MELANIE MCDONAGH THERE ARE some elements in Catholicism which are so obvious, you miss them. I was, for once in my life, early to a Sunday evening Mass, and just before it started, one member of the congregation, a devout lady, stood up and led us in reciting the Angelus. It was, to my shame, the first time I had said it for ages. And I was struck, almost for the first time, by the beauty of the words and their profundity.
The Angelus has a place in my formation as a Catholic, as it does, I suppose, for anyone who had the good fortune to be educated by nuns. RTE, the Irish television station, shows a holy picture, usually the Annunciation, for a minute at six, and it plays a distinctive recording of tolling bells as it does so. This is now a disputed feature of the network's output in the great, ongoing debate about whether Ireland is now officially a post-Catholic country. Personally I think that to expose viewers to beautiful examples of one of the most popular themes in the Western canon of art and, without words, to draw attention for a minute to a time of prayer, is probably one of the least offensive kinds of sectarianism conceivable. I cannot imagine a Protestant finding it offensive, less, perhaps, than they might be to have the national anthem played after the day's broadcasting.
But when the bells tolled at night, just before the news, we used to jump to our feet and there would be a rush to see who would be the first to give out the prayer. It was a matter of pride not actually to say the Angelus properly, but rather to rush through it at breakneck speed, so as to be finished well before the news came on. Naturally we did not dwell on the words; just saying it was what mattered.
And one nun at school used to make clear that the Angelus was very, very important for a Catholic identity. She recalled with pride one of her pupils, whose mother kept a lodging house where you would get foreigners staying on their holidays; the girl, on hearing the Angelus bell, would jump to her feet and recite it, no matter who was there. And, the nun said, you would get all the foreigners looking at her when she did so. It was a kind of public witness to faith, like blessing yourself as you passed a church. Actually, I rather agree with her, though I would tend to keep my recitation of the Angelus to myself.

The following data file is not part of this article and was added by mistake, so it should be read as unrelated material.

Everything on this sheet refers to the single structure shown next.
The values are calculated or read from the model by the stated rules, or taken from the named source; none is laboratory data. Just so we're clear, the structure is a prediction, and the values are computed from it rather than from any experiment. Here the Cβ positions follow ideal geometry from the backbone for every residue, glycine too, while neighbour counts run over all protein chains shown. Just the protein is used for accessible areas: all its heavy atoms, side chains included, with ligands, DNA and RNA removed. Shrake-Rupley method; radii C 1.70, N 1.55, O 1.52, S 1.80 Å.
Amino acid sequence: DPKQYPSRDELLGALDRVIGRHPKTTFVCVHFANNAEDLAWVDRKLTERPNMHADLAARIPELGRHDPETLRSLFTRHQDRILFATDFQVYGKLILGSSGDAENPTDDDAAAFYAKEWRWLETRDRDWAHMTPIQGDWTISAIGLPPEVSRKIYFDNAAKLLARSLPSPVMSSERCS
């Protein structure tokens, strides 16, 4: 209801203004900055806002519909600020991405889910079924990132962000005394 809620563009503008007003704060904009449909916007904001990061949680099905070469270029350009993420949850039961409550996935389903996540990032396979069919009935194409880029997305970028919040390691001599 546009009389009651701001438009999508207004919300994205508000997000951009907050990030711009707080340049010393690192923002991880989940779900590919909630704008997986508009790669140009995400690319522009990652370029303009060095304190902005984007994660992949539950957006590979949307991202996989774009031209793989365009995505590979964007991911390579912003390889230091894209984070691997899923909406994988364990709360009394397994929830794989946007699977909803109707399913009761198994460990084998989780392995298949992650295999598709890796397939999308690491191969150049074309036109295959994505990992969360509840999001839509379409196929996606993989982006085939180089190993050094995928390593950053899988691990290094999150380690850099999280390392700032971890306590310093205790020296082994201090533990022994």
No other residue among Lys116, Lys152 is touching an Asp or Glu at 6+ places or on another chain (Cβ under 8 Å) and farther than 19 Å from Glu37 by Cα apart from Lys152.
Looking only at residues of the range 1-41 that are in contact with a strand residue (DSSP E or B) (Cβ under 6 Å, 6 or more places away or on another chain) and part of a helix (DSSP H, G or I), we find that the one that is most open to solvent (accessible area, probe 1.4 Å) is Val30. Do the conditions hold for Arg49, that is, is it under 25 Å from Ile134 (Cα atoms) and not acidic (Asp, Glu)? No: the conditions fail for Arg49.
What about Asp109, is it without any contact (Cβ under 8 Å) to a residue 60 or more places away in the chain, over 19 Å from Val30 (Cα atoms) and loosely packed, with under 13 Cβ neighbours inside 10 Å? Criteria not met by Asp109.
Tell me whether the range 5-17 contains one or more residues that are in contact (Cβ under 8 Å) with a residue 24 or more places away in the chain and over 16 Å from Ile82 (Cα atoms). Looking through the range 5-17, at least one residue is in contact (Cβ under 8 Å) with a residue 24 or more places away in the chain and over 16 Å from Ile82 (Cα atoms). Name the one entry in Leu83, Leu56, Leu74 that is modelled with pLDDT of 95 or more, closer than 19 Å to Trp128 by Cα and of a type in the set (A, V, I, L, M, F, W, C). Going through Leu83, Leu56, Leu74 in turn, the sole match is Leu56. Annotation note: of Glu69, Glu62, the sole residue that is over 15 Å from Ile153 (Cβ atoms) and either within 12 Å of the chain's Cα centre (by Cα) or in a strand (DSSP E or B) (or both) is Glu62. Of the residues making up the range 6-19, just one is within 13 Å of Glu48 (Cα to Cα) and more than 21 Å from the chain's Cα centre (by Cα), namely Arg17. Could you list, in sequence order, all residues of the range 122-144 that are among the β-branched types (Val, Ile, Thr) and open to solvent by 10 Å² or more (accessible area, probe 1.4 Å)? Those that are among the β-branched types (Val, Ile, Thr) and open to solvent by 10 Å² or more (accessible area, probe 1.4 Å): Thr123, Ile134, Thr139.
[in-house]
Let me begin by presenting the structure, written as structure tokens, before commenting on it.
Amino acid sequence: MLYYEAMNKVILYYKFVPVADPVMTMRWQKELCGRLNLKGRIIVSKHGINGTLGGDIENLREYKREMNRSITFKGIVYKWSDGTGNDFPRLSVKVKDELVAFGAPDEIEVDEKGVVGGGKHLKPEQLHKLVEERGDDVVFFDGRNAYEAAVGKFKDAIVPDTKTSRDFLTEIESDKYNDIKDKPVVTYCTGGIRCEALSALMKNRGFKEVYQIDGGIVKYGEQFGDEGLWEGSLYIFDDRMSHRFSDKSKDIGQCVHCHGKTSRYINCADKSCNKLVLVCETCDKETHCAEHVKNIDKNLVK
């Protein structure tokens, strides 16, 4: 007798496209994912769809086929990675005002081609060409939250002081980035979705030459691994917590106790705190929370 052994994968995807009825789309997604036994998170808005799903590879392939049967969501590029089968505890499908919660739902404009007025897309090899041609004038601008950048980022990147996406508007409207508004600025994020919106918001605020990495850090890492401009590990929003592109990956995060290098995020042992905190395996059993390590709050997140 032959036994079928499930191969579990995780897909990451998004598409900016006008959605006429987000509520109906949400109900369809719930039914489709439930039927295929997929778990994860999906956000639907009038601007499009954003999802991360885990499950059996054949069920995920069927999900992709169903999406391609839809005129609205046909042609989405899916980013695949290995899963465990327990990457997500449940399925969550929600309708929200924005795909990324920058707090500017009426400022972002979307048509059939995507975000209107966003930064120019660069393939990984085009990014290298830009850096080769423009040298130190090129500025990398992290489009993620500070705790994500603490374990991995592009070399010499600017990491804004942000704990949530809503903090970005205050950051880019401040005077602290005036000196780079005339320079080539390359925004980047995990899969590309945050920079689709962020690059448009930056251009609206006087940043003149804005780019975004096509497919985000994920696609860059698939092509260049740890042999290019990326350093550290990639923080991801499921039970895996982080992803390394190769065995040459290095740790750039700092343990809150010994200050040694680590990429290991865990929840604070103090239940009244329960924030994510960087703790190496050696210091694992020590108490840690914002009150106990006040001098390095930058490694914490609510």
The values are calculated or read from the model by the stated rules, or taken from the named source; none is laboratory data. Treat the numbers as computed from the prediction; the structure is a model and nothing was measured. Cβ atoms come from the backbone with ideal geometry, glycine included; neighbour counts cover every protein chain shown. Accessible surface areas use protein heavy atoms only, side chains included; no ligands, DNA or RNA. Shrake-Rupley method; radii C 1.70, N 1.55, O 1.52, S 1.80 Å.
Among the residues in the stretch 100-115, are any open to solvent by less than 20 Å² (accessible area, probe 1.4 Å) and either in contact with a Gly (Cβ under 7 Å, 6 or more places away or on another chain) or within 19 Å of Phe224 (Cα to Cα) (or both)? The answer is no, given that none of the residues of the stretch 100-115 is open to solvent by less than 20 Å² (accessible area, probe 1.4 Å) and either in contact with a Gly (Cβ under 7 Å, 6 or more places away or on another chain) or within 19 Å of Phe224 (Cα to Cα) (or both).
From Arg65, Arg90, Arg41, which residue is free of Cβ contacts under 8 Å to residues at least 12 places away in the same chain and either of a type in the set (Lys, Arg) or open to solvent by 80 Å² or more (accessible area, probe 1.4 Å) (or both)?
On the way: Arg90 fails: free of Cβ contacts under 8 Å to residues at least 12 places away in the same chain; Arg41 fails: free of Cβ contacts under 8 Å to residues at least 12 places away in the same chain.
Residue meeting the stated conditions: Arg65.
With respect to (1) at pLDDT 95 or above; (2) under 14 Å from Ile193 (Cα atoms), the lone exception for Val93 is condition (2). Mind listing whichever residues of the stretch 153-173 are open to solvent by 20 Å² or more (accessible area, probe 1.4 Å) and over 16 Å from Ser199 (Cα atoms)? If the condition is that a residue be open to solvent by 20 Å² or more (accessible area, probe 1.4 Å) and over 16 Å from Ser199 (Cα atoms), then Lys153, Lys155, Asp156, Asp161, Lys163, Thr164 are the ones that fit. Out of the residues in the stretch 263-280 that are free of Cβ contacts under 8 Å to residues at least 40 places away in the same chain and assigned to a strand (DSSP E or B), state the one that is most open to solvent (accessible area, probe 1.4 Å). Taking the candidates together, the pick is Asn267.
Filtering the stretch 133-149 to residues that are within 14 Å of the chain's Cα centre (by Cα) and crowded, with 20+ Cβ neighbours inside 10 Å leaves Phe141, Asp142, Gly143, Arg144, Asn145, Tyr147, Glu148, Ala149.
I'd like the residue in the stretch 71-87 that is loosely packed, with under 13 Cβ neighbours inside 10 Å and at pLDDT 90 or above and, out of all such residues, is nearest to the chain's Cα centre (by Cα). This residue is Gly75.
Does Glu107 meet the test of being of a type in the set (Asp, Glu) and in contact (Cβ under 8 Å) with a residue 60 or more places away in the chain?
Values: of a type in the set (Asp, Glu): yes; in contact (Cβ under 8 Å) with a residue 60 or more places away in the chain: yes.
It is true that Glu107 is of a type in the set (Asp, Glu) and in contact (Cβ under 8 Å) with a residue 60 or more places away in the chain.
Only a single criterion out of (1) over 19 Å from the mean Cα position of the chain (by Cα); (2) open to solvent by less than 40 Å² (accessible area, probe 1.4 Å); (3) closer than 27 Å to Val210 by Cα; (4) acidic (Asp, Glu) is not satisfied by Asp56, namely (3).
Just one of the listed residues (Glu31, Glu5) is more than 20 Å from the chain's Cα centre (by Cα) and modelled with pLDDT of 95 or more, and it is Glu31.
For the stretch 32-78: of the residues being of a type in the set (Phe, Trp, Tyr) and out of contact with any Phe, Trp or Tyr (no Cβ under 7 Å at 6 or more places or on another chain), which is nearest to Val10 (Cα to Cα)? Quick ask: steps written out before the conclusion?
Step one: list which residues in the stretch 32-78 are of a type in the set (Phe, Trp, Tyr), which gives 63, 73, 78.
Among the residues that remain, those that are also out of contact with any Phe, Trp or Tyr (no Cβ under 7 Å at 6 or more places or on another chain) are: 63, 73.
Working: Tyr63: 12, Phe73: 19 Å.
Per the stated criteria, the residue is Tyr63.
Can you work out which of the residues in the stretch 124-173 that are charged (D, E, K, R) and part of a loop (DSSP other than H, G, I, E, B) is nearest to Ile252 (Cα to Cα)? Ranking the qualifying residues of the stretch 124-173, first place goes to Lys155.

But the beauty of the Angelus is that it recalls us to the one essential of faith, the Incarnation. It is, of course, a meditation on the awful truth that God became man, the one thing that matters about Christianity. We bang on so much about faith in terms of morality we forget it is essentially about what we believe; good conduct is a by-product of faith, not the point of it. And the bigness of the dogma of the Incarnation is so remarkable, it does no harm for us to be obliged to dwell on it.
The other beauty of the Angelus, which, of course, should be said at the hours of six and twelve, is that it is routine, or should be. It is not an impulse prayer, but one whose time comes round whether we like it or not. Spontaneous prayer has a lot going for it,• but it often happens that we don't feel like praying. Just occasionally a prayer that asks to be said when we hear the tolling of bells calls us back to our true selves, and redeems us for a minute from the exigencies of the world around us.